The UK grime scene was placed under the microscope at yesterday’s MPA AGM, as a panel of prominent figures from the genre discussed the various ways in which it is blazing a trail through the industry.
Sitting on the panel was Austin Daboh (BBC Radio 1 Xtra), Sian Anderson (DJ, journalist and director of Sigh Tracked), Chris Meehan (Centric Music), Harri Davies (Bucks Music Group) and P Money (artist/writer).
Among the topics discussed were the parallels between grime and punk, its DIY roots and the need for record label flexibility when bringing new artists and releases to market.
Commenting on the genre’s rise to prominence in recent year, Anderson said: “There is a lot more that needs to be done at grass roots level in grime. Artists can’t get complacent.
“Grime isn’t tangibly any better of than it was years ago. It’s happened for one or two artists, but not the genre.”
Daboh, however, disagreed, stating: “I disagree. I think some huge things have happened in grime. A lot has changed in recent years.
Anderson also discussed the malleable nature of the genre and how crucial it is that labels take a versatile and dynamic approach when acquiring and marketing artists. “People have started to realise that grime is something you can’t market – grime markets itself.”
Daboh elaborated: “Grime is a DIY, flexible genre in its truest form. You need the freedom to release and market the way the artist wants. Major labels do great things and create hit records, but grime is different to most genres.”
Meanwhile, artist P Money highlighted a lack of education on how to capitalise on the various download and streaming platforms available to artists as a potential fork in the road for up and coming musicians, whilst also noting the benefits of social media in generating new fans.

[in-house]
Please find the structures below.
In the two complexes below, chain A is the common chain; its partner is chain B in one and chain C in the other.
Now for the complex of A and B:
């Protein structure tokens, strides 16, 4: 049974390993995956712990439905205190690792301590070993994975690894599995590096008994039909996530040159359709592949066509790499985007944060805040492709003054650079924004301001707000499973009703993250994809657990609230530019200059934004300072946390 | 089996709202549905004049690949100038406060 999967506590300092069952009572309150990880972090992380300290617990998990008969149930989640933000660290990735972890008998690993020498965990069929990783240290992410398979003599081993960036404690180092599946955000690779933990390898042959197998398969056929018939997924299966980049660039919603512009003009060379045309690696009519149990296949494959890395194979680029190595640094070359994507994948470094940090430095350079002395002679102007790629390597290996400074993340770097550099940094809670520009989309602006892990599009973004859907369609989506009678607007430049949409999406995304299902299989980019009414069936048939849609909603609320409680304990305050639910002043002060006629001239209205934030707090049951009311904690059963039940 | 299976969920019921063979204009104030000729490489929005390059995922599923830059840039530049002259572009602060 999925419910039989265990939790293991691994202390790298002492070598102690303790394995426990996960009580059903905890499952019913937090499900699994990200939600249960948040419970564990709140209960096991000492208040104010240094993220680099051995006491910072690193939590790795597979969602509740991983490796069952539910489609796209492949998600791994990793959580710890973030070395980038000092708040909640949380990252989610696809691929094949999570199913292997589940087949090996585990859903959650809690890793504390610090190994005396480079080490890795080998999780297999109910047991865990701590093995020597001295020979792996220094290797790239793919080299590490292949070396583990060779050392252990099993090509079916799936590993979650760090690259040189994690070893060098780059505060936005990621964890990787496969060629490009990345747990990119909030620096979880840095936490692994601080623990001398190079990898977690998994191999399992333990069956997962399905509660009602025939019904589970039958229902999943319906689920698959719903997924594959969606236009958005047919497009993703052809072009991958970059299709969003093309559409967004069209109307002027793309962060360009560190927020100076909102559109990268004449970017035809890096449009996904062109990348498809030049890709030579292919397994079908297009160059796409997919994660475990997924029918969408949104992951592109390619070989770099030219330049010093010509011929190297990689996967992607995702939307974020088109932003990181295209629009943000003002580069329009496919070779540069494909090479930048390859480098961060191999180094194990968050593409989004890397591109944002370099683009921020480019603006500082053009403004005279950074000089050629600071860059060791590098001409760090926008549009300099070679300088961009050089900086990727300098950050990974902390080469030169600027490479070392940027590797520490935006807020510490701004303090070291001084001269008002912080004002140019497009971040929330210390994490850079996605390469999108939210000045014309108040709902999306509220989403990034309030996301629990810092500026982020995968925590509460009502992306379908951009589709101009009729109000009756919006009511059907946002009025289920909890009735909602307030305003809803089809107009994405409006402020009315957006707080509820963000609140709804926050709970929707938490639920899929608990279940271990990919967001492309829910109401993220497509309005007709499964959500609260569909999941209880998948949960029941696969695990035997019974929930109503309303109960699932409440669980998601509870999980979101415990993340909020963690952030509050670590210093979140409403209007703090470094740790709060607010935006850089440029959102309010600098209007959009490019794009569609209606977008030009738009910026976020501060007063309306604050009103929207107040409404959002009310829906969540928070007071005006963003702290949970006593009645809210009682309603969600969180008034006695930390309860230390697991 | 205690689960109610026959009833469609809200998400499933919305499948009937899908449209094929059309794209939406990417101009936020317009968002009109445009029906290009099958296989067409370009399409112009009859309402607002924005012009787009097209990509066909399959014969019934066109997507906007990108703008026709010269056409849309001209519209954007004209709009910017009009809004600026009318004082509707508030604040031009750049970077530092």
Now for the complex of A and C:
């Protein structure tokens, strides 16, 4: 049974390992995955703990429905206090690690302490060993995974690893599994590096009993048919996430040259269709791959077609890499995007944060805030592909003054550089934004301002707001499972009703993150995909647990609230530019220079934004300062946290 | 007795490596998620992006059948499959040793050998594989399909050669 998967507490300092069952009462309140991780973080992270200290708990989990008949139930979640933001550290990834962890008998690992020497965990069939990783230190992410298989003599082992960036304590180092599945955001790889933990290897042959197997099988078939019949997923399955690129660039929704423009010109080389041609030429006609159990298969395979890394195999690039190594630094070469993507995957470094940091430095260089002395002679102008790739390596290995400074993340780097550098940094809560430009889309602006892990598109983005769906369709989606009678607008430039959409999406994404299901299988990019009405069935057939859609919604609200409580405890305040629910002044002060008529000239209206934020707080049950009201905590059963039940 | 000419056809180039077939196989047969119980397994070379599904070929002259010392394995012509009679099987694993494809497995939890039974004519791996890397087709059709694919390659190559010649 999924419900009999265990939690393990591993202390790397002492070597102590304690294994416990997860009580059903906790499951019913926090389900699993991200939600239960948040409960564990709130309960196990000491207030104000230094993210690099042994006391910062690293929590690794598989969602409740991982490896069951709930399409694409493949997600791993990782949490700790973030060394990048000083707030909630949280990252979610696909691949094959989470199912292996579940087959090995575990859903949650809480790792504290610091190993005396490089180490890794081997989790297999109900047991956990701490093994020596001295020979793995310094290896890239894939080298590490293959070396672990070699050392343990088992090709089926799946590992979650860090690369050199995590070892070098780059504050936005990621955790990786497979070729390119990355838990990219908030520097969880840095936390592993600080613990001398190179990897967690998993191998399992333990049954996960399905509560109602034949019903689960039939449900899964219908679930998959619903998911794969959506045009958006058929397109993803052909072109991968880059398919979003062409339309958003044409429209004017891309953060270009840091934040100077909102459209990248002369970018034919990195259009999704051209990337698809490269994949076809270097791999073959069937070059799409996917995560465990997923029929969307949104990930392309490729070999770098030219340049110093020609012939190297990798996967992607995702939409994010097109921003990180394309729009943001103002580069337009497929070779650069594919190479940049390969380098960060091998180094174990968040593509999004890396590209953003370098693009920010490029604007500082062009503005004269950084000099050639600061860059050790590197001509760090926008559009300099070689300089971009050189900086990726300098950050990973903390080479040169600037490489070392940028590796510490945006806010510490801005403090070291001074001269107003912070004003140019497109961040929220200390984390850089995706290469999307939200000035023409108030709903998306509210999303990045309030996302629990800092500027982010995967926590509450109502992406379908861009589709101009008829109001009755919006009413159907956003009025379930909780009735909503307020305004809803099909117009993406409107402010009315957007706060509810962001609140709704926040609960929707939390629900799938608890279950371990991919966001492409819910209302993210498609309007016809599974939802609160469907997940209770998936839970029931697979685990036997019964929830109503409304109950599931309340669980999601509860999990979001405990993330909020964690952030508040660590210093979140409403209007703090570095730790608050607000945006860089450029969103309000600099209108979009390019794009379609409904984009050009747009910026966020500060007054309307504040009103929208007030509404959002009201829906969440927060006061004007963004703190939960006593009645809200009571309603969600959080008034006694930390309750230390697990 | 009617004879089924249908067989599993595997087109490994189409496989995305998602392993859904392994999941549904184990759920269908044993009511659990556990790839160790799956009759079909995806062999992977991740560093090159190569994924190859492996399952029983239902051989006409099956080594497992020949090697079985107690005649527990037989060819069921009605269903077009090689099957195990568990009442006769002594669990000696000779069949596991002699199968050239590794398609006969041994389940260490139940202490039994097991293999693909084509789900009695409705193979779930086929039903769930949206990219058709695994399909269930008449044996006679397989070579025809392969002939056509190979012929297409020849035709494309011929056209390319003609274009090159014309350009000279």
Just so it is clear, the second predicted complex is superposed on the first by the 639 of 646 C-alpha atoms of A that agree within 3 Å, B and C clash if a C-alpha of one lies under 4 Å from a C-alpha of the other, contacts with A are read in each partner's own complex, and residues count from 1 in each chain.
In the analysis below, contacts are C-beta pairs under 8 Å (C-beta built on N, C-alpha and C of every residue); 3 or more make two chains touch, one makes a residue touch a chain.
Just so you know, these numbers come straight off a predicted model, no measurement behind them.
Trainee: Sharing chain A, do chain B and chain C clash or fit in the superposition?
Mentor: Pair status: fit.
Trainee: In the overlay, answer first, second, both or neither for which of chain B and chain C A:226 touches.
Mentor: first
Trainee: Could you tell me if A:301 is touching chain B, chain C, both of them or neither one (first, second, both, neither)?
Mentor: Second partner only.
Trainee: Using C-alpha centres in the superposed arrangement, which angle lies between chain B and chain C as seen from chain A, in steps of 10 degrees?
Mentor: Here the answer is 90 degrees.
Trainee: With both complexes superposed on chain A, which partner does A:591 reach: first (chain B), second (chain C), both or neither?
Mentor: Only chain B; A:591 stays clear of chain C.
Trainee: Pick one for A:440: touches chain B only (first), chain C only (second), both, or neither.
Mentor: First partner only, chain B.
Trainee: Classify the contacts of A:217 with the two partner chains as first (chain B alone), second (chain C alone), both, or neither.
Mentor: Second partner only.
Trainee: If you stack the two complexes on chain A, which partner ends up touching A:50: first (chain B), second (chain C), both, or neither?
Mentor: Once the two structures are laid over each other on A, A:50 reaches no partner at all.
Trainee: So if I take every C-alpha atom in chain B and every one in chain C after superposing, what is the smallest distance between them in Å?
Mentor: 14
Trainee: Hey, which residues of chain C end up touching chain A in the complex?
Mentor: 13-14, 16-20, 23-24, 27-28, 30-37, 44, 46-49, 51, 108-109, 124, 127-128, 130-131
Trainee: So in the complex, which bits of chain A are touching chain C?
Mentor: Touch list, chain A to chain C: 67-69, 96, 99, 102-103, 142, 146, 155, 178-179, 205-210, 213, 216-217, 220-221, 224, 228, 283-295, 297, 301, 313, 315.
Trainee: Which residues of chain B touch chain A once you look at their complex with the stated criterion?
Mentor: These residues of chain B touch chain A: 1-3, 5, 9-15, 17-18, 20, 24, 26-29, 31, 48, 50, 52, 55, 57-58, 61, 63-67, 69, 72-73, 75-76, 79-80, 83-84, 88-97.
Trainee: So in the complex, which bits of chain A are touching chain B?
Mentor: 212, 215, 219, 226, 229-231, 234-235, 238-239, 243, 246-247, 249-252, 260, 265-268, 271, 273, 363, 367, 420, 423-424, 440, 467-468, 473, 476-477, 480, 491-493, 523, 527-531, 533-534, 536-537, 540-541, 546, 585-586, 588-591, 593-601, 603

“With so many ways of getting your music out, there is a problem of lack of education on how to use platforms properly. With social media it’s easier to connect with the world. Grime artists are now touring and doing more thanks to social media.”
Elsewhere at the AGM, MPA Group CEO Jane Dyball revealed that A&R investment by British music publishers is at an all-time high in her MPA AGM speech this afternoon.
In a speech that highlighted the growing importance of international revenues, Dyball also revealed that the value of sync revenue and direct licensing among the group’s members is on the up.
“A&R investment by British music publishers is at an all-time high and, give or take the odd million, equal with that spent by British record labels,” she said.
The MPA also announced the results of its latest board elections at its AGM yesterday, which took place at London’s Royal Institution.
The AGM saw a total of seven MPA members stand for six elected director vacancies on the MPA Board.
Results of the voting, which had taken place online in advance of the meeting, were revealed, with Richard King (Faber Music Ltd), Simon Platz (Bucks Music Group Ltd), John Minch (Imagem UK), Stuart Hornall (Hornall Brothers Music Ltd), Crispin Evans (Cote Basque Music Publishing Ltd), and David Kassner (Kassner Associated Publishers Ltd) all re-elected to the Board having been required to retire by rotation.